Efficacy of Metformin Therapy in Management of Polycystic Ovary Syndrome


  • Sarah Fatima, Shafaq Ismail Makhdoom, Sasui Phulpoto, Areesha Qamar




PCOS, Metformin, irregular periods


Background: Earlier analysis shows that metformin is beneficial clinically in treating polycystic ovary syndrome (PCOS) by reducing hyperinsulinemia.

Aim: The goal of this study was to determine the importance of metformin in modifying amenorrhea/ oligomenorrhea and anovulation within six months in women with polycystic ovary syndrome and hyperinsulinemia. Another goal was to evaluate hyperinsulinemia and weight loss with metformin in the studied people.

Methods: This randomized controlled trial was held at the Obstetrics and Gynecology department of the Jinnah Postgraduate Medical Centre Karachi for one-year duration from July 2020 to July 2021. The study included 160 women who met the biochemical and clinical conditions for hyperinsulinemia and PCOS. Two females stopped taking the drug due to abdominal cramps, diarrhoea and nausea. Other excluding factors were inadequate adherence in one female women and use of other medications in two women. One female had anomalous levels of serum creatinine and was omitted from the analysis. So, 154 total patients were studied. 500 mg / day metformin orally was started and was held at 500 mg for six-months. FSH, serum LH, fasting insulin, fasting glucose and creatinine were measured in addition to ultrasound and body weight. After 6 months: fasting insulin levels, menstrual cycles, body weight and serum progesterone on day 21 were measured. Serum androgen levels remains high in PCOS along with Prolactin levels and the LH/FSH ratio may be greater than 2 times. So, these parameters were assessed after six months of metformin to determine the improvement in symptoms of oligomenorrhea and amenorrhea in PCOS and clinically with improvement in menstrual cycle.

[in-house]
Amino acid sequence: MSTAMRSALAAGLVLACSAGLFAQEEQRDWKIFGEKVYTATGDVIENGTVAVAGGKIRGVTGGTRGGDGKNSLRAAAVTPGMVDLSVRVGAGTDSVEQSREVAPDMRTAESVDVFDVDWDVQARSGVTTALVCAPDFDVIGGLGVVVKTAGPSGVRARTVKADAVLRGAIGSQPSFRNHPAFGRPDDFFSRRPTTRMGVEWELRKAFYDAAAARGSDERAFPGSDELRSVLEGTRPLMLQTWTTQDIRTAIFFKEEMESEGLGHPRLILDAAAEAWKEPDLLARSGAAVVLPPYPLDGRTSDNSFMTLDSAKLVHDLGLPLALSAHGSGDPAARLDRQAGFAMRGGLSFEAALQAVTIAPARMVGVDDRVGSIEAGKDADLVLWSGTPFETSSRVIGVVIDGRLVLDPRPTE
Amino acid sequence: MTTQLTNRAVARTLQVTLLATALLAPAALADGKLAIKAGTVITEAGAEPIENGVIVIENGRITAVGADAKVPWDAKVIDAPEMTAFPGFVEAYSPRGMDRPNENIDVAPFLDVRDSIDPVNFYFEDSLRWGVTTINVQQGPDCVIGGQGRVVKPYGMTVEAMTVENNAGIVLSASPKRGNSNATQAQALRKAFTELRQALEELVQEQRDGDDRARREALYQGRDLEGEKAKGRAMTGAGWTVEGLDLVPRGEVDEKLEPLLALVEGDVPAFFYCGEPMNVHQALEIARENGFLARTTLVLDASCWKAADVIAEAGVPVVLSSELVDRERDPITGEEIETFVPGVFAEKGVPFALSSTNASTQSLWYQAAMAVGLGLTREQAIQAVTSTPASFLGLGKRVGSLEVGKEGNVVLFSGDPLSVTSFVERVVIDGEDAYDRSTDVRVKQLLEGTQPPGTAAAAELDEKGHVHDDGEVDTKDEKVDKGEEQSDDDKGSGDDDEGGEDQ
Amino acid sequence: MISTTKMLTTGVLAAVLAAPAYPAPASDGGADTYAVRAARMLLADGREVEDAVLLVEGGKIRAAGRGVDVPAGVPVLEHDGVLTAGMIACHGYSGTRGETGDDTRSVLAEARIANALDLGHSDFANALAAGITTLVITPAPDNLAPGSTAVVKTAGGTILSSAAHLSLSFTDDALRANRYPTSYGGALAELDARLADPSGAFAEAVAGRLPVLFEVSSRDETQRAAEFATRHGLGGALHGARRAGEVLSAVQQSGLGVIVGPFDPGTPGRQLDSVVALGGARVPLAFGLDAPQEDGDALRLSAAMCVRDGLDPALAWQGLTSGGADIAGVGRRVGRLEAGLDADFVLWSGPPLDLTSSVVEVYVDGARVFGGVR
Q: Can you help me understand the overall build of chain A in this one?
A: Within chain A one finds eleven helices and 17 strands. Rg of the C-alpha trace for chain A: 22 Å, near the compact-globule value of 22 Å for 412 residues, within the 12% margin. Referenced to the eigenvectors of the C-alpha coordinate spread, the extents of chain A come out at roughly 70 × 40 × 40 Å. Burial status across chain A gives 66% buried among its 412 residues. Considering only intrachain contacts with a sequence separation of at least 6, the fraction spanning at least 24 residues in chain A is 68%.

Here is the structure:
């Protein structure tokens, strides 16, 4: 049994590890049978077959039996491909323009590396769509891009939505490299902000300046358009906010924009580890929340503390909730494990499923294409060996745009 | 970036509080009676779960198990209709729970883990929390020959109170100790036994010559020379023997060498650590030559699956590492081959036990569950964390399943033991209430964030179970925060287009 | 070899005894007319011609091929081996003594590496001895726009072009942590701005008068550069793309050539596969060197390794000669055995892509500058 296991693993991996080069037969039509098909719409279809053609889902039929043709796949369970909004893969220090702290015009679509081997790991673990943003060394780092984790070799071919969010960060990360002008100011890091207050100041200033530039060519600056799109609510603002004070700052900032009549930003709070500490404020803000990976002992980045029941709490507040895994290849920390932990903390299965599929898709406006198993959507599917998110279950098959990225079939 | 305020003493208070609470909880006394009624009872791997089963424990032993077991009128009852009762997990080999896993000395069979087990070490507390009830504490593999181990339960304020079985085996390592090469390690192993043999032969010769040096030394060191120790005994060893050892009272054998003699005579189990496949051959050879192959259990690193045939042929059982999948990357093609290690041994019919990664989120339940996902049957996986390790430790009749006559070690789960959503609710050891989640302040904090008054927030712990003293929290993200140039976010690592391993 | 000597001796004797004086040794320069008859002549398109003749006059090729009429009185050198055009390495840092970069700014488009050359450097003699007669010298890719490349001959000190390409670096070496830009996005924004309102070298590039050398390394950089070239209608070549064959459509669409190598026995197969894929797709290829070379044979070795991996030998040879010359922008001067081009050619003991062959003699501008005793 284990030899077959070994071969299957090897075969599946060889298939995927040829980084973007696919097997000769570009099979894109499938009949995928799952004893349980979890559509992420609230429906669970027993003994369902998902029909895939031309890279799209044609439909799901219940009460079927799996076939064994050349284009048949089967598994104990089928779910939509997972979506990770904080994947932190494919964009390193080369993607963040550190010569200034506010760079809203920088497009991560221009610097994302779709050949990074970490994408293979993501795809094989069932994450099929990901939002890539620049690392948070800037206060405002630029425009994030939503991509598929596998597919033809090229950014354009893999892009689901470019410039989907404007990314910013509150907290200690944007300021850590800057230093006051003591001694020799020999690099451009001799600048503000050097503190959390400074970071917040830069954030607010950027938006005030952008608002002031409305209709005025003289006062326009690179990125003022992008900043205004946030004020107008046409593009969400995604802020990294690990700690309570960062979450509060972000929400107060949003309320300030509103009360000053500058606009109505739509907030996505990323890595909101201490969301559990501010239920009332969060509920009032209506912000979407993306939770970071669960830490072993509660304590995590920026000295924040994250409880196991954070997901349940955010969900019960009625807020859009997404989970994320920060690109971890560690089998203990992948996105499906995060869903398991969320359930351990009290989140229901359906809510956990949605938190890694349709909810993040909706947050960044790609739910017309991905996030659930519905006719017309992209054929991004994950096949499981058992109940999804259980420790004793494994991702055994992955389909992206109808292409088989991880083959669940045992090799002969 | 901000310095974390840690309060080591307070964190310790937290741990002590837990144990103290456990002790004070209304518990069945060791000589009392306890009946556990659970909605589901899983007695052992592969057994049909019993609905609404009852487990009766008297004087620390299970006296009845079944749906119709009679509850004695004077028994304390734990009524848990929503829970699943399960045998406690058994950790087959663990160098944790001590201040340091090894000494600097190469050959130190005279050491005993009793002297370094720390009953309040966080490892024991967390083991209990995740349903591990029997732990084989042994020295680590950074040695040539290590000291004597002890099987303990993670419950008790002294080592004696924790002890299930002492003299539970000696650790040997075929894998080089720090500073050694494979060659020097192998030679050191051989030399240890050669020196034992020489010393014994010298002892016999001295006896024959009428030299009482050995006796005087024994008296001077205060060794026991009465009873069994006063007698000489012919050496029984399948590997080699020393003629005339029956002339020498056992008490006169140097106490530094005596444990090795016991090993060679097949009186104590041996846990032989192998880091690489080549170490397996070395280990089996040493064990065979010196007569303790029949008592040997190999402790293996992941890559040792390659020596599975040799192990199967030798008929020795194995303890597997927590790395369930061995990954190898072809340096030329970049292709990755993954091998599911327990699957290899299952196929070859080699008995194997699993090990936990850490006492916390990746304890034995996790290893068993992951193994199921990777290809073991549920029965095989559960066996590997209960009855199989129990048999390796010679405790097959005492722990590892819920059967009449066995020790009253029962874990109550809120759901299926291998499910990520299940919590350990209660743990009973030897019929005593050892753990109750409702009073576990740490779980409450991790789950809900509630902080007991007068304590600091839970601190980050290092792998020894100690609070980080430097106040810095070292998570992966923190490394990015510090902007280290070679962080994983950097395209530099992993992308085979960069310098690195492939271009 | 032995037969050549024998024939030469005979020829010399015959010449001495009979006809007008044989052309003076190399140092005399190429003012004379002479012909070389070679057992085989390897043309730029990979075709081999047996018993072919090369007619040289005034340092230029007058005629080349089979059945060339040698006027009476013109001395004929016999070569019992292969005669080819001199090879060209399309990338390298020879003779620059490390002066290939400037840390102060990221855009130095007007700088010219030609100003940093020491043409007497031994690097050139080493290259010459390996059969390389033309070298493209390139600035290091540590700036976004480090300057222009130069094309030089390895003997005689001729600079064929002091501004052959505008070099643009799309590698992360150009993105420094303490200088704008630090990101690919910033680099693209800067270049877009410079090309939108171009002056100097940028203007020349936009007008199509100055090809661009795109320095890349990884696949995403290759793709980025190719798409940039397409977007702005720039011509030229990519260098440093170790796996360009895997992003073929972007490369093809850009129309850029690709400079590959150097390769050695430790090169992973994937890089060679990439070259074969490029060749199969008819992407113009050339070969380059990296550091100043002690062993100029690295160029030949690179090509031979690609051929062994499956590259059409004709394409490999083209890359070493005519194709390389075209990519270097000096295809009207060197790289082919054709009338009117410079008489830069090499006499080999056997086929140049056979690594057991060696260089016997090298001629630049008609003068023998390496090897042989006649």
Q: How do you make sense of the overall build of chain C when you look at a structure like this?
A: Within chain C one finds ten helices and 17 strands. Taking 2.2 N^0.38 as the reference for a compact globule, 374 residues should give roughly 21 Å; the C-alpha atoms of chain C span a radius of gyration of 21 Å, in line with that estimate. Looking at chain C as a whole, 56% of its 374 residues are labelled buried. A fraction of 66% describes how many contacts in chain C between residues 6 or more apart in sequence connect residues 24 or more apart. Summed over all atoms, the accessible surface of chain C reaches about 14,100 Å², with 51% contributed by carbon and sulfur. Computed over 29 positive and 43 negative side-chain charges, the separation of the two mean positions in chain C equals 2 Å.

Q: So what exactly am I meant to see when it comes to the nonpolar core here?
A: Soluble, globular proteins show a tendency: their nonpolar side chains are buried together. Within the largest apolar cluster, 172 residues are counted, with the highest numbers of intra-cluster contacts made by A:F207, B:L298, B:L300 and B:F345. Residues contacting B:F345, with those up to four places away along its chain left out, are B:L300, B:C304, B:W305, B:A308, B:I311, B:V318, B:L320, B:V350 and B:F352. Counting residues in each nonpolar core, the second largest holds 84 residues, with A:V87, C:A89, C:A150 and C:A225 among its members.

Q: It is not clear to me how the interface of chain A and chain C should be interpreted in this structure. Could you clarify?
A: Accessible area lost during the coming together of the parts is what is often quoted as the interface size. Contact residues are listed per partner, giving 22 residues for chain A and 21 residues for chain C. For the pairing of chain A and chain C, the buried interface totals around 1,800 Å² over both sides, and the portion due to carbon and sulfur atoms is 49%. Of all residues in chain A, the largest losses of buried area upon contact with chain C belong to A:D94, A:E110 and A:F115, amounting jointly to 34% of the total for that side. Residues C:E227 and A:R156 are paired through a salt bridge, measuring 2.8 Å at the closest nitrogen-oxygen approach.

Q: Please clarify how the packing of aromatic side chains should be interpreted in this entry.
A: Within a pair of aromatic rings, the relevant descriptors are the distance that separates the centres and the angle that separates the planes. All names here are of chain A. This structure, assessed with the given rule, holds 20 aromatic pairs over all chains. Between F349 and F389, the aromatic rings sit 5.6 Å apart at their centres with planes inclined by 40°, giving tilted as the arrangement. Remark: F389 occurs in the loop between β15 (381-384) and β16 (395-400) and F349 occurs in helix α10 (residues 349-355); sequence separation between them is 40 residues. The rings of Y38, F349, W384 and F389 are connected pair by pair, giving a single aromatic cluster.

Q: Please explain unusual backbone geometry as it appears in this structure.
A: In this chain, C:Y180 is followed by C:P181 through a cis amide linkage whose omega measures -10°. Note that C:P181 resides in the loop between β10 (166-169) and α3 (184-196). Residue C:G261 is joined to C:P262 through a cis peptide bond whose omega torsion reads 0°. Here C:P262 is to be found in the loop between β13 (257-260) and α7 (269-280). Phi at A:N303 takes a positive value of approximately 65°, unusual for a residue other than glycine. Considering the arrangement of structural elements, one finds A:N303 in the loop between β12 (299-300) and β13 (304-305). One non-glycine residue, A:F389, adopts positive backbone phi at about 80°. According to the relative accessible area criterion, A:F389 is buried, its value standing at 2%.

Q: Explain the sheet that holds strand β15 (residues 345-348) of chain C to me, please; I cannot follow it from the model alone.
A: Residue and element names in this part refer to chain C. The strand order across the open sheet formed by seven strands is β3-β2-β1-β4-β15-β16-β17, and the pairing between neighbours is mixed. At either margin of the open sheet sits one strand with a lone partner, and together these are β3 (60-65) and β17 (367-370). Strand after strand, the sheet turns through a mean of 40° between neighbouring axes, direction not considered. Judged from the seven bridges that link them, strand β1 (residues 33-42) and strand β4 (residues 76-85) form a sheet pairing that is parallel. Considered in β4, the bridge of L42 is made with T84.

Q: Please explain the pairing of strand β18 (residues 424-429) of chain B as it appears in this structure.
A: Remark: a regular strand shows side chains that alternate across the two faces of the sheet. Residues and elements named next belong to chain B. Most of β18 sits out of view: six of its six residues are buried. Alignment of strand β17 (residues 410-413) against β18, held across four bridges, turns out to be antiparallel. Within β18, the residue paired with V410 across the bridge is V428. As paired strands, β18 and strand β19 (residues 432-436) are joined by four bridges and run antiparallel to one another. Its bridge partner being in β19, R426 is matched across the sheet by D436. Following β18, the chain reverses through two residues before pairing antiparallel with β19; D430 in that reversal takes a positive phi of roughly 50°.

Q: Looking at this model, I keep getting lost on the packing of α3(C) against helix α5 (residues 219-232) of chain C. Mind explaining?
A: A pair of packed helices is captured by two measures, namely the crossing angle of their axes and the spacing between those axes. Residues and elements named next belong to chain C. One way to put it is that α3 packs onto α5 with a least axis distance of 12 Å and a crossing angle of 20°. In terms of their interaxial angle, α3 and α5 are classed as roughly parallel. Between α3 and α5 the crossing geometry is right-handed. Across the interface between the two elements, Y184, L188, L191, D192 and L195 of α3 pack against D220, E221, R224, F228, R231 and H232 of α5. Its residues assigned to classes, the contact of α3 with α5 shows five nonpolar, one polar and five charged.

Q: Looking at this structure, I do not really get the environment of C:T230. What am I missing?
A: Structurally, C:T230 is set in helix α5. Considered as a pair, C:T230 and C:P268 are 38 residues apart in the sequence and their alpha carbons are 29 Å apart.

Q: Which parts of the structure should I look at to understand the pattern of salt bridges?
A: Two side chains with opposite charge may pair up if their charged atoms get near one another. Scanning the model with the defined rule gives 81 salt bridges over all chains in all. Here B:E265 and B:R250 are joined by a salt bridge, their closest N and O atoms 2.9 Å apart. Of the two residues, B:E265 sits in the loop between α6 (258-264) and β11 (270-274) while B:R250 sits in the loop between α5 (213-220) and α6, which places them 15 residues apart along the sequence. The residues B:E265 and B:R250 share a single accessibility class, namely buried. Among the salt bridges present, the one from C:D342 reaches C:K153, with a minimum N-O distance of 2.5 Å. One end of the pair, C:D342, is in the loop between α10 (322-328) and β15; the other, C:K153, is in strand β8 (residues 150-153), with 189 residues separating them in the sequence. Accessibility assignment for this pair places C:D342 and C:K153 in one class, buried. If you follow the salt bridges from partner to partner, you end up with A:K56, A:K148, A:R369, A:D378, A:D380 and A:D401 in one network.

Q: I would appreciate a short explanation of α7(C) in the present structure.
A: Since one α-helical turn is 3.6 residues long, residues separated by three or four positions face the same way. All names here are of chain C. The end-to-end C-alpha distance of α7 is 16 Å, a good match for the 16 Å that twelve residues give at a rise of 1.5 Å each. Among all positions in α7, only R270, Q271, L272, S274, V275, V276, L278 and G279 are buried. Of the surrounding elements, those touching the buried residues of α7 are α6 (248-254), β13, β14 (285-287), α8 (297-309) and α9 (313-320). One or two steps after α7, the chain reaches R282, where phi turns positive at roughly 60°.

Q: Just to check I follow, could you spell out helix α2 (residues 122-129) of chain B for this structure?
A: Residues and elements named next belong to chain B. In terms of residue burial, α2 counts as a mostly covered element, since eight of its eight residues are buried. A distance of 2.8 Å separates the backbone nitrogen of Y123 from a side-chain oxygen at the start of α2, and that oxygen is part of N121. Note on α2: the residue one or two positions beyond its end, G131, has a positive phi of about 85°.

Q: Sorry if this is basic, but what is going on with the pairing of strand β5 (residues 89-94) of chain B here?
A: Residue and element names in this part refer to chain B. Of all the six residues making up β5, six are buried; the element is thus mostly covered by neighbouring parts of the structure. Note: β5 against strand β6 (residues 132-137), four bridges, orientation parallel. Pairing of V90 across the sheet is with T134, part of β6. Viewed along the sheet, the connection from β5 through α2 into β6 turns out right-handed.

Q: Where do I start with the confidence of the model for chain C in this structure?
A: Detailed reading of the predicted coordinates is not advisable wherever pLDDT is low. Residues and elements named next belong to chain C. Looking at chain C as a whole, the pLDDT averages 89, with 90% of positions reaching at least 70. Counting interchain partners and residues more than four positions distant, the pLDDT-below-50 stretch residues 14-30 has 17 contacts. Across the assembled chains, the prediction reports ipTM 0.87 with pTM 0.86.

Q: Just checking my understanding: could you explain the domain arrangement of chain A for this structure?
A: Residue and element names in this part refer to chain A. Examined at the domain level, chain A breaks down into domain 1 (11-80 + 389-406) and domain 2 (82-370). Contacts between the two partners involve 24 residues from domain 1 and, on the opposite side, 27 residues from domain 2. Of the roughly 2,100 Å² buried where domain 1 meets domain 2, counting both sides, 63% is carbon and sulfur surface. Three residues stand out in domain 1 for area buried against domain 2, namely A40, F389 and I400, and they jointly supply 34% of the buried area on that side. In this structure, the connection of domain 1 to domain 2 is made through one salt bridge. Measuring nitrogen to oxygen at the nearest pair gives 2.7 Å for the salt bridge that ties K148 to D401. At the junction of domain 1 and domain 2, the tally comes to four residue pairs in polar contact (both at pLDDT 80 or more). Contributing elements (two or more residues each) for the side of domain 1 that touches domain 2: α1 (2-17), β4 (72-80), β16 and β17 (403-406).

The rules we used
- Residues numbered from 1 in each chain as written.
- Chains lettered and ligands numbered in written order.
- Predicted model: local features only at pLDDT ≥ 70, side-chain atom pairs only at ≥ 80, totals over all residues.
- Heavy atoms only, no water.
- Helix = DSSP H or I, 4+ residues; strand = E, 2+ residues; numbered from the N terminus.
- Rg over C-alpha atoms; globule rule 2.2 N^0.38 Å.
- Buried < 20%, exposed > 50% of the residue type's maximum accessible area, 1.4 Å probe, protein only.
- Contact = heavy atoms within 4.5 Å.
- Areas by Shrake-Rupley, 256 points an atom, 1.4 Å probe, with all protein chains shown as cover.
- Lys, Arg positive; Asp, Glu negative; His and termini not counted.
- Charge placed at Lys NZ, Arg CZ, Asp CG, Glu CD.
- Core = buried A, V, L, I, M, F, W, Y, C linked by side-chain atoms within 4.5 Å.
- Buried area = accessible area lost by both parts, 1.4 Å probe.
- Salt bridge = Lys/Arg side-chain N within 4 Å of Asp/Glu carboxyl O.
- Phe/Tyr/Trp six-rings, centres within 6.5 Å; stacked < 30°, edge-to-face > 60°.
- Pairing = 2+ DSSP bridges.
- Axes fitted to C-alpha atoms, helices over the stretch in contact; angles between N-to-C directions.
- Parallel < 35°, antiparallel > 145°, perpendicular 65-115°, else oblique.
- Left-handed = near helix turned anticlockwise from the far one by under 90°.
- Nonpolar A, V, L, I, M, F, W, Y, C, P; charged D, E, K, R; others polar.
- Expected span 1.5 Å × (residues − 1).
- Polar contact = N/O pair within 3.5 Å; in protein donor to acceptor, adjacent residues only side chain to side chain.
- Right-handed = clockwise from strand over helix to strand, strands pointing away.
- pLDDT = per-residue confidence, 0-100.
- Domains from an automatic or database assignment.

Results: Subsequently 6 months of treatment with metformin, 135 out of 154 (84%) women had regular periods, 24 of which were in the ovulation range of luteal progesterone (> 30 nmol / L). The average fasting insulin concentration among patients on metformin therapy reduced from 22.5 micro-U / ml to 21.01 micro-U / ml (p = 0.00).